Many green algae are made of single cells. They tend to spend much of their day soaking up sunlight, turning it into energy. These swimming plankton appear plant-like. Unless, that is, one gobbles up a nearby bacterial cell. Now it has become an animal-like predator.
When ecologist Eunsoo Kim first witnessed this back in 2013, she was shocked. Until then, she and other scientists had thought the sun provided all the energy green algae need. They are green, in fact, because they contain chlorophyll. Just as in plants, these algae use chlorophyll to derive energy from the sun through photosynthesis.
But seeing some algal cells dine on bacteria upended this worldview. Now, Kim and her team at the American Museum of Natural History in New York City show that the first bacteria-eating algae they found were hardly unique. They have turned up five more oceanic species that do the same thing.
Kim’s group shared its latest findings March 2 in The ISME Journal. The journal specializes in microbial ecology.
Some green algae “combine both a plant-like lifestyle, through photosynthesis, and an animal-like lifestyle, through predation,” explains Sophie Charvet. “These special algae can swallow whole bacteria and digest them.” Charvet is a postdoctoral scientist who helped carry out the new experiments.
The algae and bacteria are both very, very small. To study how and when algae turn predatory, the researchers employed a trick. They treated the bacteria with a harmless fluorescent dye. It glows green under ultraviolet (UV) light. Dying the bacteria proved tricky. Recalls Charvet, “We had to repeat the experiment too many times to count!”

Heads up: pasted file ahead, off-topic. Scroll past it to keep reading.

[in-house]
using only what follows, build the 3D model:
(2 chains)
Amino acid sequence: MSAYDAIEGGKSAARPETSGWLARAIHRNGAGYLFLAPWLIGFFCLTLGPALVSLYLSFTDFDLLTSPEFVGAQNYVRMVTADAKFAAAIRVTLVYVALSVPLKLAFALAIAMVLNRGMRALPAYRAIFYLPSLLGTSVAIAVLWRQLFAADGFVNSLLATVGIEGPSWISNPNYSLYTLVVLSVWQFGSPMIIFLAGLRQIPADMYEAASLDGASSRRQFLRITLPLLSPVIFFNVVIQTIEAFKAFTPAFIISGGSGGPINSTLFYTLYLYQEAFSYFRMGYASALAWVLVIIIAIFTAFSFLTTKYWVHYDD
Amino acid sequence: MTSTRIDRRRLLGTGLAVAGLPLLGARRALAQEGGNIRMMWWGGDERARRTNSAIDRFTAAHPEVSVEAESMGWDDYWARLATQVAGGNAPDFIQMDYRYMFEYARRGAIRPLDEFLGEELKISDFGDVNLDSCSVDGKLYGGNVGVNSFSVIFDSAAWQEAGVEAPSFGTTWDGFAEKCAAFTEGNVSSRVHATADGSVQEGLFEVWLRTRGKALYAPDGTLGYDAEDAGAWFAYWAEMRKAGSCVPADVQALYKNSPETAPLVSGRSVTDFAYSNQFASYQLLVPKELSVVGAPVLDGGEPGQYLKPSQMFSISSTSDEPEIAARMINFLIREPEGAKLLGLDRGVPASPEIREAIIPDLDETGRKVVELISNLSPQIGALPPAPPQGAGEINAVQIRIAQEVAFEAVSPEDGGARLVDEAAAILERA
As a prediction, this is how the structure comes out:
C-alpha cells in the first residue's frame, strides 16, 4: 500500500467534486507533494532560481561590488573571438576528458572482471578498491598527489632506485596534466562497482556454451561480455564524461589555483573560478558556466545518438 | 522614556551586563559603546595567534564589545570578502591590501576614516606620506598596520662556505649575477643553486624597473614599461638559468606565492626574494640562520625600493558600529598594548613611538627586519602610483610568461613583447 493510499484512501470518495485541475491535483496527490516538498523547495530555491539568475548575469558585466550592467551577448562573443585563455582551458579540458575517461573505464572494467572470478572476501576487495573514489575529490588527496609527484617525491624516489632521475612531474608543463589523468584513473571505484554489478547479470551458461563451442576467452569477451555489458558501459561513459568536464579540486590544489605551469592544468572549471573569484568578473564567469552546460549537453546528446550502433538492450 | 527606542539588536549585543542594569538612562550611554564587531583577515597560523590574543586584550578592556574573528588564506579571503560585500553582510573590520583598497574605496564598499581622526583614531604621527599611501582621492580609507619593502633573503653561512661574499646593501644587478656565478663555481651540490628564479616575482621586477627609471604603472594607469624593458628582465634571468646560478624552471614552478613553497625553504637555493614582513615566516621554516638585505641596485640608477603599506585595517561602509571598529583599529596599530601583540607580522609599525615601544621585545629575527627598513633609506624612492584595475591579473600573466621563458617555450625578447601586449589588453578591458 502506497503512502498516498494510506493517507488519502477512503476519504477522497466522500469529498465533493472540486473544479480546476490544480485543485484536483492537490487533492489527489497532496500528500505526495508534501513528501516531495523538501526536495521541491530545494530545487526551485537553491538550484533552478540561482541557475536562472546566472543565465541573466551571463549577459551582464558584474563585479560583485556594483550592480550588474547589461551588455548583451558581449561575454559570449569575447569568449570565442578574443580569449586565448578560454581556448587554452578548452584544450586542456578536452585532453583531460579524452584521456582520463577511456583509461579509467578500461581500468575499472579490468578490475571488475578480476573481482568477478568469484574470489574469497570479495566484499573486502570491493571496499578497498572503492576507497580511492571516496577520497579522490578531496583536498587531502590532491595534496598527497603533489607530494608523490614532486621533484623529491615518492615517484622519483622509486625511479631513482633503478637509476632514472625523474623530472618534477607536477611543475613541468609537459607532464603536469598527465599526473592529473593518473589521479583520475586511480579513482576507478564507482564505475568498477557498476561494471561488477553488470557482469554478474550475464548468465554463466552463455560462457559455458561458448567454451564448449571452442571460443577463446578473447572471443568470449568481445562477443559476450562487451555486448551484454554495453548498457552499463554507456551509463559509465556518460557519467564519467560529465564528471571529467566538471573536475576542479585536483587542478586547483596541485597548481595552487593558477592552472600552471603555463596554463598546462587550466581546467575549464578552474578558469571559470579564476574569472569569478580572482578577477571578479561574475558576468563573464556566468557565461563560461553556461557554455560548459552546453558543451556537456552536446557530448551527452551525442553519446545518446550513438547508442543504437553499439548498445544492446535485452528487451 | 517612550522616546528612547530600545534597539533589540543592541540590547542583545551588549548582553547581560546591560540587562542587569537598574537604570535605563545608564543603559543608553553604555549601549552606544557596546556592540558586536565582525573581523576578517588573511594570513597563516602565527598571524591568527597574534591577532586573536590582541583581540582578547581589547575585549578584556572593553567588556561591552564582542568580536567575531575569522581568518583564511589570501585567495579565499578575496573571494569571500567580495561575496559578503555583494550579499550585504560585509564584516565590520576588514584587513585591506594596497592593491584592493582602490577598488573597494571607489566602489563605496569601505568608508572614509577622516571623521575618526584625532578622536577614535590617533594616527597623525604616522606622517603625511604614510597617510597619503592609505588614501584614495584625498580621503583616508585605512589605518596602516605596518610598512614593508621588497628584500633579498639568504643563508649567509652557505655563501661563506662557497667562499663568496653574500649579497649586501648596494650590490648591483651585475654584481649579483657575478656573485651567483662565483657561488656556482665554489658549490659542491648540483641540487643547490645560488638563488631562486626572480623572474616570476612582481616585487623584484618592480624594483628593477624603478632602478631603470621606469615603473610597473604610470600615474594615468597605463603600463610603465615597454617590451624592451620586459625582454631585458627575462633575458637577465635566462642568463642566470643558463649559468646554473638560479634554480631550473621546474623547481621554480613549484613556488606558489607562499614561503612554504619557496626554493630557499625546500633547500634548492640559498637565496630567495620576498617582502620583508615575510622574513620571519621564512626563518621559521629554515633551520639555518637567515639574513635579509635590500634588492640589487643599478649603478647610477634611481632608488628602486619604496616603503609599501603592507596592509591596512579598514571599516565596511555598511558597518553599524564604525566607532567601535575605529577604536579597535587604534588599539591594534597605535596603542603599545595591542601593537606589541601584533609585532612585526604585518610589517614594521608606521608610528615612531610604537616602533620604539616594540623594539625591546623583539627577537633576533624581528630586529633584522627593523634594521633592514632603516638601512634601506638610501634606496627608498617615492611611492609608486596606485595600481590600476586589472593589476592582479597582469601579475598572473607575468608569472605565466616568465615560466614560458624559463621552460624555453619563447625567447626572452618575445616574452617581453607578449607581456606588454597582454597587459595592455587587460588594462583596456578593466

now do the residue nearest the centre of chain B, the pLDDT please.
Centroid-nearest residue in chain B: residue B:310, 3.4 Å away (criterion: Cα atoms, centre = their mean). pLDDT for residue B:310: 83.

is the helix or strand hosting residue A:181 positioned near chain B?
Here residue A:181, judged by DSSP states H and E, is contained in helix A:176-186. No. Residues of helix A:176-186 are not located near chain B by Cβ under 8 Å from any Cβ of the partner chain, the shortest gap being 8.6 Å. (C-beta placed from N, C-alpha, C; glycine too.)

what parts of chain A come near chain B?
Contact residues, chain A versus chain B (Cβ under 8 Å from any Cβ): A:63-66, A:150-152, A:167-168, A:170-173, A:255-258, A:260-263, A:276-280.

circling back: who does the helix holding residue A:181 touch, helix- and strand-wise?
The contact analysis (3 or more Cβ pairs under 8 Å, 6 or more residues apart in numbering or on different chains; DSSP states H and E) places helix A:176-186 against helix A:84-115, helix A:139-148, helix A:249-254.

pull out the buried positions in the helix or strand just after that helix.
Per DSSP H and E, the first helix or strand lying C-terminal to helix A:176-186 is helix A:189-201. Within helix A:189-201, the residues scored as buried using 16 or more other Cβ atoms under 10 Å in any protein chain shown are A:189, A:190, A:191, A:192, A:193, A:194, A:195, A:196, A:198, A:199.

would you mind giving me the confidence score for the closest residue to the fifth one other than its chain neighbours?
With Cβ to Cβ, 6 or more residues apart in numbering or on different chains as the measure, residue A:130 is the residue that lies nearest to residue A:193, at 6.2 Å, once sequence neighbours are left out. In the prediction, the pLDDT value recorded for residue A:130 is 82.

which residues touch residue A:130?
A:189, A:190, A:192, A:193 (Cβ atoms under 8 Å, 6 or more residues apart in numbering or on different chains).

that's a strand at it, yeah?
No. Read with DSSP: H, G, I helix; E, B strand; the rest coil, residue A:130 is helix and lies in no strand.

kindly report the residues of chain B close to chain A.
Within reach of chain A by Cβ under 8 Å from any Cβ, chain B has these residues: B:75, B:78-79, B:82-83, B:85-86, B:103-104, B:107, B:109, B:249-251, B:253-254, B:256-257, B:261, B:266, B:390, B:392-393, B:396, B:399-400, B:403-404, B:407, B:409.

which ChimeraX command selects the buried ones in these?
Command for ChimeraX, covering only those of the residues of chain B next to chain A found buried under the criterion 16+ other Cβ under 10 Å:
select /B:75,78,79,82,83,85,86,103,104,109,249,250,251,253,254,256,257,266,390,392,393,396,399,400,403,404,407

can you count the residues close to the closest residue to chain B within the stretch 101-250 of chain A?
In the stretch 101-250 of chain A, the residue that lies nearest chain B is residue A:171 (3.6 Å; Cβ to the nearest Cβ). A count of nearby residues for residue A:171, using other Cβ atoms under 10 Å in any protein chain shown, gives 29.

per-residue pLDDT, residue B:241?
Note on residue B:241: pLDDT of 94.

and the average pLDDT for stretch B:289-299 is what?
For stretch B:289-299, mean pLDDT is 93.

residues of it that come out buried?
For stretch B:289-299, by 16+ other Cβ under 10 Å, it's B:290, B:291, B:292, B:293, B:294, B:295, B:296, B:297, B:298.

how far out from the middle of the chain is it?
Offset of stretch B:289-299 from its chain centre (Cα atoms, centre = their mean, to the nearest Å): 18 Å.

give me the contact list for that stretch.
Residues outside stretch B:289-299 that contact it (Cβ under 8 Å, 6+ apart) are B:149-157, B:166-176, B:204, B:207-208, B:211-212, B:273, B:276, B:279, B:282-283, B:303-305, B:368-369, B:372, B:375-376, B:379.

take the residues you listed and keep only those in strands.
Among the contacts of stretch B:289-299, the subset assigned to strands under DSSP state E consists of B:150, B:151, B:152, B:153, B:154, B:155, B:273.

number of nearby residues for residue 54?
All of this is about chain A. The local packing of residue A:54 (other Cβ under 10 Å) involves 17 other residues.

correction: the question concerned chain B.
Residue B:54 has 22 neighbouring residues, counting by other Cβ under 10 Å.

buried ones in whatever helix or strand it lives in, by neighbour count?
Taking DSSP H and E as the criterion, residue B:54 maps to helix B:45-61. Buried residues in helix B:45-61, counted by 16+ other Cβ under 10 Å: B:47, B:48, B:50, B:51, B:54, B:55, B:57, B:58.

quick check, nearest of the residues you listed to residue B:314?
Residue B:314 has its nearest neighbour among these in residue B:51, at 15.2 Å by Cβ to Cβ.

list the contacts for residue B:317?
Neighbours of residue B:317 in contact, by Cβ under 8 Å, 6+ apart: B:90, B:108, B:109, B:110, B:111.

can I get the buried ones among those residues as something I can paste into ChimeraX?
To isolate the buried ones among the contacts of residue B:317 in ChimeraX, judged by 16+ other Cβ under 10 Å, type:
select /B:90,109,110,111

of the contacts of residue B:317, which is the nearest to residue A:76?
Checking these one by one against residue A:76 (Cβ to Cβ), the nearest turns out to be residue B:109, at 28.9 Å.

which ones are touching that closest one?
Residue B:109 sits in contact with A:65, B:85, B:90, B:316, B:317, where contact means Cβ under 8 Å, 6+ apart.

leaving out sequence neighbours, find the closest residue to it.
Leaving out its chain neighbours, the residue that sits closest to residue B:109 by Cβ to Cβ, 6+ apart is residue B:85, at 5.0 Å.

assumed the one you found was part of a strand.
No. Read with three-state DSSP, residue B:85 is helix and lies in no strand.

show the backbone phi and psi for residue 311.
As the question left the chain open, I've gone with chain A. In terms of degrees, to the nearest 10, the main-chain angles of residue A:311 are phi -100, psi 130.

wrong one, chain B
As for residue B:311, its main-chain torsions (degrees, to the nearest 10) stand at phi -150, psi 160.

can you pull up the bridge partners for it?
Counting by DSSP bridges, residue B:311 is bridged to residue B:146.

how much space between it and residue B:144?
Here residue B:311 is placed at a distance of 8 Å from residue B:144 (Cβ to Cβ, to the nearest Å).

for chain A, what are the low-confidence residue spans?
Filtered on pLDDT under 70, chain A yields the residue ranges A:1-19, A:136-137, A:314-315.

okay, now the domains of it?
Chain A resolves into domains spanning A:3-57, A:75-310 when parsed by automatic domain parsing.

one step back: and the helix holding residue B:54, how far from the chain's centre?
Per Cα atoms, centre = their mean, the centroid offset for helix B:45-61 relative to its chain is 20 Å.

Next, they put the bacteria and algae in the same water. If the algae glowed under UV light, this would show they had dined on the bacteria. And they saw this indeed happened with a second species of green algae. Excited, the researchers began testing others.
The bacteria aren’t always appetizing
Soon the algae started causing problems. Sometimes they wouldn’t eat. Other times it took far longer than usual for them to turn fluorescent. What was going on?
This is when the museum team learned the algae didn’t view bacteria as a preferred snack. In fact, the algae showed little interest in eating microbes when conditions for photosynthesis were good.
“This means that their ‘animal’ behavior is a mechanism they use to survive in situations when they cannot live as ‘plants,’” Charvet explains. Along the way, her team also learned these algae are even pickier. They want their prey alive.
Ben Ward is a plankton ecologist. He works at the University of Southampton in England. He isn’t surprised to learn there are multiple types of bacteria-eating algae in the sea. He’s more impressed by how the museum team found them. They identified likely candidates, he notes, “through genetic profiling.”
In earlier work, Kim identified genes that seemed special to many types of bacteria-eating organisms. For the new study, her team looked for these genes in other species of green algae. The presence of those genes suggested these algae, too, might turn predatory at times.
Charvet points out that green algae are important to study. Those “in the oceans are responsible for half the oxygen in our atmosphere,” she says. “Despite their small size,” she says, “they are just as important to our survival as the Amazon forest and all other forests combined.”